October Issue 2005
Editor’s Note: October 2005
Funny things were happening in the run-up to the elections of district nazims on October 6. In the remote Dir region, where tribal diktat does not allow women to vote, two women were elected as councillors, several years after their deaths.
In Faisalabad, nominees of the ruling as well as the opposition parties were offering bribes to elected councillors to vote them in as nazims. The going rate was between 20,000 to 50,000 rupees. Besides hard cash, costly items like gold chains, wrist watches and mobile phones were on offer and those who bit the bait were then packed off to cooler climes, away from the rival party’s eye, so that they could not be bought twice over.
There were cracks within the king’s party too: a general’s matric certificate was declared null and void at the behest of the Chaudhrys, who were opposed to his candidature and were backing another candidate for nazim.
When was the last time, we had a free and fair election? Each time it’s poll time, charges and counter-charges of rigging and horse-trading start flying around. The mad scramble to get a foot in the door, by hook or by crook, is bewildering. And it’s not out of any burning desire to serve the people. Someone needs to do a survey of how often councillors visit their constituencies, how much they spend on it out of their funds, and how much they pocket?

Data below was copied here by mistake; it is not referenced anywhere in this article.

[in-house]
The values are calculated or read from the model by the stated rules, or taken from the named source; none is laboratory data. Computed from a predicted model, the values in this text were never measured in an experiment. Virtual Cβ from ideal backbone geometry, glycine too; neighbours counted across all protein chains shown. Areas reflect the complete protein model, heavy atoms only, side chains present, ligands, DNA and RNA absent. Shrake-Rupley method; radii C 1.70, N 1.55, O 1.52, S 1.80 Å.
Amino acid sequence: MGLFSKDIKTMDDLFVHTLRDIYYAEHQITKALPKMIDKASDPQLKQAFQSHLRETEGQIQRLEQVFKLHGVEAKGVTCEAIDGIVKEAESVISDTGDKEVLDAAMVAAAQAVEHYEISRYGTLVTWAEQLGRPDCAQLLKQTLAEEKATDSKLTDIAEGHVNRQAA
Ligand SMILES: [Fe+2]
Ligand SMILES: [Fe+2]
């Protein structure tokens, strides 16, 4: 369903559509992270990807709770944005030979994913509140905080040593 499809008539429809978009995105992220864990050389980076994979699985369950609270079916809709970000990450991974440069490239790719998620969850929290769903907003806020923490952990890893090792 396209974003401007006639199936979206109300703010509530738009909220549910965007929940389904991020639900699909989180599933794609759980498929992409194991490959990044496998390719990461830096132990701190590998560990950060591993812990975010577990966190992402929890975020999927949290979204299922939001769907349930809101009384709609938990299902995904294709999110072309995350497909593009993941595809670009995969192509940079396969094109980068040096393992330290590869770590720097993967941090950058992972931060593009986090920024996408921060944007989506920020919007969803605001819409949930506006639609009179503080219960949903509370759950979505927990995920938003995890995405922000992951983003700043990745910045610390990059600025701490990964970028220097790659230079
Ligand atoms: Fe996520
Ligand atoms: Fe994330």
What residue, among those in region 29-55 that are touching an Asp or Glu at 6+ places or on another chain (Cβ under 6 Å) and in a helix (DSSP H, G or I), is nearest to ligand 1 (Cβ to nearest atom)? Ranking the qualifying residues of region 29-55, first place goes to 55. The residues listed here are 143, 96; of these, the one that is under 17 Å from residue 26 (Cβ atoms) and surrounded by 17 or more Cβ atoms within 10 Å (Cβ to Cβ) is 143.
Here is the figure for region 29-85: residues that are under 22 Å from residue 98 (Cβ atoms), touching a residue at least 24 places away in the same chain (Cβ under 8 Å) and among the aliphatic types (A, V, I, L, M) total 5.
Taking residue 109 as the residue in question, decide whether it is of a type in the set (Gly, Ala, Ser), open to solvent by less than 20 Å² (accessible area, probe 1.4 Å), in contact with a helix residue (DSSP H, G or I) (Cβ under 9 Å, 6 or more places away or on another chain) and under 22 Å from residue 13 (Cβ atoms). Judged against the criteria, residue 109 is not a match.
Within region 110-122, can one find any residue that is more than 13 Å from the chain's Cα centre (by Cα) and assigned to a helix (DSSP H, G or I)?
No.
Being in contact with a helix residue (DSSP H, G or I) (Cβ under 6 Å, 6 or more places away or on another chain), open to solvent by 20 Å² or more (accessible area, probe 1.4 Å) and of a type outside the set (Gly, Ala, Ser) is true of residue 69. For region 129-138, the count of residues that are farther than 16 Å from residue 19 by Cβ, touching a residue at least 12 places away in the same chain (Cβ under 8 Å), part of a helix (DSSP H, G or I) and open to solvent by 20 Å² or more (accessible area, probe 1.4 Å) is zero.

Everyone’s interested in power, but not the people. We have the example of the present National Assembly before us, where no legislation can take place due to lack of quorum. So what are our legislators and senators doing, other than drawing hefty salaries, riding brand new bullet-proof Mercedes and accompanying the prez or the PM on their many jaunts abroad.
Talking of jaunts, the last one to the Big Apple will remain etched in public memory. But this time it wasn’t the number of free-loaders, but the General himself who came under fire. The visit was a public relations disaster, as the normally media-savvy Musharraf came down with a bad case of foot-and-mouth disease. All the US press was talking about was Musharraf’s remarks on his country’s rape victims to the Washington Post.
The nation is asking for a public apology from the President . Unfortunately, the word “sorry” doesn’t figure in the General’s dictionary.
At least, not yet.
Rehana Hakim is one of the core team of journalists that helped start Newsline. She has been the editor-in-chief since 1996.